Sexism is bigger than the weight room: How sex discrimination pervades everyday life

Emily DiSalvo and Jessica Simms

During the NCAA men’s and women’s basketball tournaments, videos and photos of the men’s and women’s weight rooms went viral on social media because of a noticeable size and quality difference between the two.

This is disgraceful, but the reason it garnered so much attention on social media was because it is a tangible example of sexism. The differences between the weight rooms were clear. The solution was obvious — make the weight rooms equal.

Stanford’s Associate Olympic Sports Performance Coach Ali Kershner posted photos of the men’s and women’s weight room at the NCAA Basketball Tournament. (Screenshot from Instagram @kershner.ali)

The everyday realities of sexism are much less concrete, and the subtleties of them can be just as offensive to women as a blatant inadequacy. For example, why was the men’s weight room larger in the first place? Many would argue that it is because men’s sports bring in more revenue. But why do they bring in more revenue?

Because whether or not college sports fans realize it, they associate athleticism and athletic performance with men’s, not women’s, sports and this unconscious bias is also sexism.

The small, seemingly insignificant instances of sexism are the ones that pervade the lives of everyday women, not just college athletes. For women, sexism consumes the workplace, politics, media and even our own feelings of personal safety.

Sexism in the workplace

I (Emily DiSalvo) will always remember when I was working as head lifeguard at the town pool and instructed two of the male guards to clean the boy’s bathroom. My boss, also a man, was standing nearby, and his words still ring in my ears today.

“Don’t listen to her,” he said. “She talks too much.”

He may have been joking, but the undermining of my authority as head guard provoked laughter from the two boys and stirred up anger and frustration with me. I proceeded to clean the bathrooms as he chatted with the boys about college and career plans. It was as if his vision of me was of a full-time maid.

This is just one instance of sexism in the workplace and a minuscule one at that. However, it is an example of the ways in which women are sometimes undermined by men without them even realizing it. It is second nature for some.

Women in the workplace face sexual harassment, discrimination when it comes time to make promotions and a significant wage gap. In 2017, Pew Research reported that 42% of women have faced discrimination in the workplace because of their gender. One in four working women say they have earned less than a man who was doing the same job. Women are about three times as likely as men to have experienced sexual harassment while at work.

All of these issues are exacerbated for LBGTQ women and women of color who face the intersecting forms of discrimination from homophobia and racism on top of sexism.

“One area in particular where Black women stand apart is in their reporting of having been passed over for the most important assignments because of their gender –- 22% of employed Black women say this has happened to them, compared with 8% of whites and 9% of Hispanics,” Pew Research reported.

How should women get men to understand that they deserve equal treatment in the workplace? One theory is that seeing more women in positions of power will help to reverse the trend of sexism. Unfortunately, getting women to positions of power isn’t as easy as it sounds.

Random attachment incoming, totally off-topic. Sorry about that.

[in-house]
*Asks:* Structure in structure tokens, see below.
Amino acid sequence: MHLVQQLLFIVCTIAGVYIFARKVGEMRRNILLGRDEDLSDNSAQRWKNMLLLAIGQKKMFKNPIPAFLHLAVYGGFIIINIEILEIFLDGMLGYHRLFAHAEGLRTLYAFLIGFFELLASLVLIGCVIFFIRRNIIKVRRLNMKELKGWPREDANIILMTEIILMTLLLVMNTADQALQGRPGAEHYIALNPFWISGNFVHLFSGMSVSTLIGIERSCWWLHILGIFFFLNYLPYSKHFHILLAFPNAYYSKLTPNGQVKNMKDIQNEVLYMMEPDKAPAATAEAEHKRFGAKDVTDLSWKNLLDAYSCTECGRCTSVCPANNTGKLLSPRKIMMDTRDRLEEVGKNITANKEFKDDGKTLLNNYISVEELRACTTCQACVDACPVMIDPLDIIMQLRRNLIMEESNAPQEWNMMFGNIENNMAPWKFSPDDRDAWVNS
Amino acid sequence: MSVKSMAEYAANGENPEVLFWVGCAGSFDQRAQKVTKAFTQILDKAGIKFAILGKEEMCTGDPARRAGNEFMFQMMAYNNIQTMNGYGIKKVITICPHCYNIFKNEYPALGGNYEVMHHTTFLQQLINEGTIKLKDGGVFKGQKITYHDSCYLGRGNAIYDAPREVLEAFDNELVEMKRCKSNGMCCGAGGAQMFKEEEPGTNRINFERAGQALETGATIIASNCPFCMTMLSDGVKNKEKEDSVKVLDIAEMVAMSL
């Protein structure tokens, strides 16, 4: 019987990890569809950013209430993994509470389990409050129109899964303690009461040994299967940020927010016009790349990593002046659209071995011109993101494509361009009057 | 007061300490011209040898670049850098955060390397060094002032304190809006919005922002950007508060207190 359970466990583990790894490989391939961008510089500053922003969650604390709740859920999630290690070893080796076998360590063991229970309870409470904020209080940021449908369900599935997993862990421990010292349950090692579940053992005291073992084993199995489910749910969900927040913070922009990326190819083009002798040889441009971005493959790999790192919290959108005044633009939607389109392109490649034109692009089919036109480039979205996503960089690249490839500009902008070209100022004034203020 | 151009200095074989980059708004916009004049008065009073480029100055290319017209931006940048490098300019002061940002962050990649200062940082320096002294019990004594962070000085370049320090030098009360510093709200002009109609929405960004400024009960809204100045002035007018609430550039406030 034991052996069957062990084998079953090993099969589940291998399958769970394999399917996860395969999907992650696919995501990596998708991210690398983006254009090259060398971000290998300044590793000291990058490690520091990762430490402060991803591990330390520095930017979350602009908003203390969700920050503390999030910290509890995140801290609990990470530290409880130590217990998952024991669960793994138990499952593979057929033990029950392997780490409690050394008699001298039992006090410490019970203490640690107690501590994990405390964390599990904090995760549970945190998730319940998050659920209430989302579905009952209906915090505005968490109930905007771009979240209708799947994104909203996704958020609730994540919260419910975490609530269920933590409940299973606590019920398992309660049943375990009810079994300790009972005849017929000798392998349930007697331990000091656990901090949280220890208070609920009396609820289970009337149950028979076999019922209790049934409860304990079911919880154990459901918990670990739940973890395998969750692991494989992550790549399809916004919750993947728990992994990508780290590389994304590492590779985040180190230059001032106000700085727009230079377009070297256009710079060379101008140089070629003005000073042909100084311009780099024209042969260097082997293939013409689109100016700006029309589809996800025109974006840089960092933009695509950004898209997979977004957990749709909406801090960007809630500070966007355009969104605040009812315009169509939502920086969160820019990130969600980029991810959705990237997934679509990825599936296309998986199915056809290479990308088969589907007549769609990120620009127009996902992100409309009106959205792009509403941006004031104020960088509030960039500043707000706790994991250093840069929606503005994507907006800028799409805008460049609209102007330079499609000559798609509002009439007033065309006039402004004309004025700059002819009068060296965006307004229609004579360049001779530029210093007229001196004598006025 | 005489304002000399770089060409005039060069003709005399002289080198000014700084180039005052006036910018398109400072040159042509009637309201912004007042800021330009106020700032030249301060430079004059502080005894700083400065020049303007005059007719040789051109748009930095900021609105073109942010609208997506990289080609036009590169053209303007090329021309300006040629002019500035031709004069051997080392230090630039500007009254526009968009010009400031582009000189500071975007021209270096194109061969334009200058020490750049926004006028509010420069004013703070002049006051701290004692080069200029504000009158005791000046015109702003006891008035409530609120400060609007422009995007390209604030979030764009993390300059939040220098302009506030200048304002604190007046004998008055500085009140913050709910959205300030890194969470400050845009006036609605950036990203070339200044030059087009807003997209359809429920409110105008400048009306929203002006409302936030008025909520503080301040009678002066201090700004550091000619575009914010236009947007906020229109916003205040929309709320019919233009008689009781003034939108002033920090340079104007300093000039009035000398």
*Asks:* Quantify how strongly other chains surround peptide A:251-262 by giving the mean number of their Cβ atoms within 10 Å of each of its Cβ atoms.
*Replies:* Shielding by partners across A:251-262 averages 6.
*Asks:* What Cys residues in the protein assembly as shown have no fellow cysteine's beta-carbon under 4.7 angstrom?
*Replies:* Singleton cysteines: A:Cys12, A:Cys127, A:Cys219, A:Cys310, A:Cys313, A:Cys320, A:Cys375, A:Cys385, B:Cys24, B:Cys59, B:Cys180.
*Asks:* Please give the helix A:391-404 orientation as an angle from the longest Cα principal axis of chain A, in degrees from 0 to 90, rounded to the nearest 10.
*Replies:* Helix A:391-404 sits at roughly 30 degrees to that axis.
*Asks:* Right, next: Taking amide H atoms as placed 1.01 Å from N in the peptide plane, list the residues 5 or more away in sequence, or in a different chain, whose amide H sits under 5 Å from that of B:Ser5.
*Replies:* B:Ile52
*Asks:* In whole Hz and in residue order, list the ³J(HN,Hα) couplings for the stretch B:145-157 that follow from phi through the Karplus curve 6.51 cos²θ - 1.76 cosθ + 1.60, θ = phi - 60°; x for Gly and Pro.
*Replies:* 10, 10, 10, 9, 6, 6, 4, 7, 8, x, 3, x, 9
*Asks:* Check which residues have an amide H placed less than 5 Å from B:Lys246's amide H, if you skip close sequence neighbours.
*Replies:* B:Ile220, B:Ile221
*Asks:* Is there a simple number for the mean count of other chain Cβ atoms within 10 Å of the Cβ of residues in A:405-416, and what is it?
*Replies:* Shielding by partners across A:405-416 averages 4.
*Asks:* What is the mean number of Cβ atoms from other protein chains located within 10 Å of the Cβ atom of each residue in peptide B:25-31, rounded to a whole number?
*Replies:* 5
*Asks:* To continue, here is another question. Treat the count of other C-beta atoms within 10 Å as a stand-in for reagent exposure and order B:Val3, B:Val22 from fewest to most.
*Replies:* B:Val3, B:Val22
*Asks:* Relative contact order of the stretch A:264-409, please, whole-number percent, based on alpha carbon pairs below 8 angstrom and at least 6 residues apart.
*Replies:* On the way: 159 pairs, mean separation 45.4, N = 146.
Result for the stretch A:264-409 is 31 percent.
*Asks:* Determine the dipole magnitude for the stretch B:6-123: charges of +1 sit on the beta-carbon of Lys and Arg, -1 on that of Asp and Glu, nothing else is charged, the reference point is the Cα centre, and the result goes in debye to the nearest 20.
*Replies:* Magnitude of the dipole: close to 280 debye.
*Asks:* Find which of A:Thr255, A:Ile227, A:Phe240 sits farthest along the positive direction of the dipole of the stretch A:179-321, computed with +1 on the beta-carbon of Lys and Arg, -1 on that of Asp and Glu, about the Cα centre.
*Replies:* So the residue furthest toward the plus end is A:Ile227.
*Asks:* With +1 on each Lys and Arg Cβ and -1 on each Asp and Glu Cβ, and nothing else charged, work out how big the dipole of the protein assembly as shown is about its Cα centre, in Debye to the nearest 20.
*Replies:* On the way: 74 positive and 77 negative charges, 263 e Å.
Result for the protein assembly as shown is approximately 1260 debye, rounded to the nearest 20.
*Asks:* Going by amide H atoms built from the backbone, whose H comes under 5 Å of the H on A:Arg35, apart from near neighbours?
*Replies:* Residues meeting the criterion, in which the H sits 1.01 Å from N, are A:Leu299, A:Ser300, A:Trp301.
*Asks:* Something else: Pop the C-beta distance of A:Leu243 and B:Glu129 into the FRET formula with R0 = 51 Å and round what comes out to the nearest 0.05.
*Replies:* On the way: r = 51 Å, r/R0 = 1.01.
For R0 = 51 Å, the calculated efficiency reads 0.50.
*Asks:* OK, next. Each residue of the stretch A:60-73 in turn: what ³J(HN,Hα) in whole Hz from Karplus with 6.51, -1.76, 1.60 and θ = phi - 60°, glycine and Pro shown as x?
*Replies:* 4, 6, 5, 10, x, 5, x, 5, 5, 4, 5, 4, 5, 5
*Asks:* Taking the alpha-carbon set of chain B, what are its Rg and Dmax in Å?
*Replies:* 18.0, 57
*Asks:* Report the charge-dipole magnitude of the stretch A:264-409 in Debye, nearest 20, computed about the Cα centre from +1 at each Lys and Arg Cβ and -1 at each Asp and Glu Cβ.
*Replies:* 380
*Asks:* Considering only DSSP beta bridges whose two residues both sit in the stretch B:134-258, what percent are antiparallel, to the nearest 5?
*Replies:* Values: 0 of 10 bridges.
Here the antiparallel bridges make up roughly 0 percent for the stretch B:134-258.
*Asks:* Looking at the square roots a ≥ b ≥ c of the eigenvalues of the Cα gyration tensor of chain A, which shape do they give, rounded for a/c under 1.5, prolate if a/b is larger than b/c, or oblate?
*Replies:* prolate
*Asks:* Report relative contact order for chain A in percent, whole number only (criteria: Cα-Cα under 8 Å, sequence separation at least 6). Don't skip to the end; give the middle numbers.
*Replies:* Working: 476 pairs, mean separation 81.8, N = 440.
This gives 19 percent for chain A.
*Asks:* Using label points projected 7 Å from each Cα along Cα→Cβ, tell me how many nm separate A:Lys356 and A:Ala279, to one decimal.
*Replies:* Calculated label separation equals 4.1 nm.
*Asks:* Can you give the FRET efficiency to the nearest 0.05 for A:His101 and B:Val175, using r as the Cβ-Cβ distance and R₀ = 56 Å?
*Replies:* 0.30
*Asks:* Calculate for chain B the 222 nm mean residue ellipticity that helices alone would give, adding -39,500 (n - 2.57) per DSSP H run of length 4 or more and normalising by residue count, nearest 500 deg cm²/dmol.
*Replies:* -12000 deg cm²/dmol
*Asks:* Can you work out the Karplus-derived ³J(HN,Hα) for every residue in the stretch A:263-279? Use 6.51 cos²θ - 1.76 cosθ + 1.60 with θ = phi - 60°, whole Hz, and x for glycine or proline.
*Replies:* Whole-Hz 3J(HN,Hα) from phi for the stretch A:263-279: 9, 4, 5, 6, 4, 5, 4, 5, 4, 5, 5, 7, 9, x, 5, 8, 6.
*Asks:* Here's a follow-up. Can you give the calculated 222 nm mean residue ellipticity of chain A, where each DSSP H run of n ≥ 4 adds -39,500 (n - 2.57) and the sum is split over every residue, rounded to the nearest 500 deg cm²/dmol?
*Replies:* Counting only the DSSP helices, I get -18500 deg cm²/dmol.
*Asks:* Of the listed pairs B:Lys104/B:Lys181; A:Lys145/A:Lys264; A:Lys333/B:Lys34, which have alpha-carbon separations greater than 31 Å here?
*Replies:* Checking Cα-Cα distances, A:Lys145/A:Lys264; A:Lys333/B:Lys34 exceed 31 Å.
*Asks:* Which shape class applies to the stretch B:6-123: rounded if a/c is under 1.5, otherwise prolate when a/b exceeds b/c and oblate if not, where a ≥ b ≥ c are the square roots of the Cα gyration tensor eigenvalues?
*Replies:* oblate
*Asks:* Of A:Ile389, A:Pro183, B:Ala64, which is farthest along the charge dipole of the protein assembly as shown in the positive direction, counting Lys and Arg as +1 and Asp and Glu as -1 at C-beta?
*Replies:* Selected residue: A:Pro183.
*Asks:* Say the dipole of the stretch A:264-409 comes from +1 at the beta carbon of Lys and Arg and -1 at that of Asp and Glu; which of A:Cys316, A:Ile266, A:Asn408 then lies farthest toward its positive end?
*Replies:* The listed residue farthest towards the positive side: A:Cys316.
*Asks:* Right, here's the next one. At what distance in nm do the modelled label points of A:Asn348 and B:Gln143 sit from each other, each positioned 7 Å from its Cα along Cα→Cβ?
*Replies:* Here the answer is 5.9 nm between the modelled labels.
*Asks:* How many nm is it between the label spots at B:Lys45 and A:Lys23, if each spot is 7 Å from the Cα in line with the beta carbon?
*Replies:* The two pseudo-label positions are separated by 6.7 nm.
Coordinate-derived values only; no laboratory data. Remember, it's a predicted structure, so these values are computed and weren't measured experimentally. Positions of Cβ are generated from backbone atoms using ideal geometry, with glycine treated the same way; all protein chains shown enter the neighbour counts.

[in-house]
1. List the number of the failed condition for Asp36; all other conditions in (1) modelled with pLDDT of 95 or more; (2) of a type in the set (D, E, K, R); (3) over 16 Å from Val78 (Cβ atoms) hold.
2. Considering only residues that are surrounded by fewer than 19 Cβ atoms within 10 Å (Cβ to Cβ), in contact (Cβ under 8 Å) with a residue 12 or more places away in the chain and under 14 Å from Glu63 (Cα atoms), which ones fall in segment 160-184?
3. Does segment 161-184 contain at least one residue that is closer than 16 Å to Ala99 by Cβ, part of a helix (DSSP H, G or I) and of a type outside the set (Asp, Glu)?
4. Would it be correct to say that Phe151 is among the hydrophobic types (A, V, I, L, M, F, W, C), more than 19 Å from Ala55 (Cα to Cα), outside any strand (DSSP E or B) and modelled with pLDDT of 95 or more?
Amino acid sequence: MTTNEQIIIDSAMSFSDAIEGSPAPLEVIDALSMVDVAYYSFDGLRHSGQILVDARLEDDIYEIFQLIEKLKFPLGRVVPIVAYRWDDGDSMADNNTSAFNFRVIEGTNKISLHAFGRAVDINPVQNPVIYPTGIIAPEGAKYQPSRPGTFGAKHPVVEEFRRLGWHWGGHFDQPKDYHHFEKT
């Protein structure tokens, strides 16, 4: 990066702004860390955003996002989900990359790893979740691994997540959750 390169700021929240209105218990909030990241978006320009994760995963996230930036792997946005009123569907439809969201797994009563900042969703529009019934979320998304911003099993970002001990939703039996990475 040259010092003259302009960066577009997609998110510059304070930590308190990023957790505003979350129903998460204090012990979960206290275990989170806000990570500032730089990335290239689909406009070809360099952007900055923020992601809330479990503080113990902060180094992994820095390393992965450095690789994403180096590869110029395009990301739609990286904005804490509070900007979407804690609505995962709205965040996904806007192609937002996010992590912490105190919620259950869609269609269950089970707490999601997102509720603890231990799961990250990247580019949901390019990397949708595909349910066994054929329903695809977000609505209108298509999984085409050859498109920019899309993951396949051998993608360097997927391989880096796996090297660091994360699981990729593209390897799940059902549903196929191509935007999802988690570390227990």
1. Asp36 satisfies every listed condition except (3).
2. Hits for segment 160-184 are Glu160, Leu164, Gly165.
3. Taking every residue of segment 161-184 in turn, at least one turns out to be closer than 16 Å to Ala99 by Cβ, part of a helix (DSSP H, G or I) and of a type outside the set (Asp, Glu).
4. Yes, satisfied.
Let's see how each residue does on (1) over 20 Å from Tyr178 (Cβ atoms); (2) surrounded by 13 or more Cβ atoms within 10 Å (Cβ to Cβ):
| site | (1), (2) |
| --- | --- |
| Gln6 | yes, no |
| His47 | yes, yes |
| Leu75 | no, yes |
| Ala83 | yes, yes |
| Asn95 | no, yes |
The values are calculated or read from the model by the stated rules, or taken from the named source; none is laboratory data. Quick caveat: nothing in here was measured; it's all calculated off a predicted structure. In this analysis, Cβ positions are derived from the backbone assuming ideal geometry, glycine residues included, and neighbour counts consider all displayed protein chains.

Sexism in politics

When women are asked to run for office, they are more likely than men to doubt themselves. This self-doubt is not limited just to politics.

“Compared with men, women don’t consider themselves as ready for promotions, they predict they’ll do worse on tests, and they generally underestimate their abilities,” Katty Kay and Claire Shipman wrote for The Atlantic. “This disparity stems from factors ranging from upbringing to biology.”

Infographic by Michael Clement

This lack of confidence makes sense given that women who run for public office face more intense scrutiny than men who do the same.

Women face critiques on fashion, hairstyles, relationship status and even the sound of their voice when they run for office, attributes that are never directed at men. Many people who comment on women politician’s outfits are actually women and aren’t even aware that they are focusing more on her blazer than the speech she has so carefully practiced.

Bonnie Morris, a history lecturer at the University of California Berkeley, told The Guardian that she still feels there are issues in America with female authority.

“A lot of people are really threatened by super-smart women,” Morris said. “If a woman is trying to make her point by speaking slowly and forcefully, there’s always going to be a cohort of men who regard that as being scolded by a mother figure.”

My advice to break this cycle is to start treating women at the podium like they belong there. It’s as simple as that.

Sexism in the media

Even though Hollywood is slowly closing the gender gap in media, such as TV and movies, sexism is still prevalent. Last year was a step toward making female and male characters in film more equal. According to the World Economic Forum, 2020 had the largest percentage of female protagonists in the top 100 highest grossing films, with it being 40%. Yes, this is a lot better than past years, with Variety reporting that in 2017 this percentage was 24%, but sexism is still there in other ways, such as how the female characters are portrayed.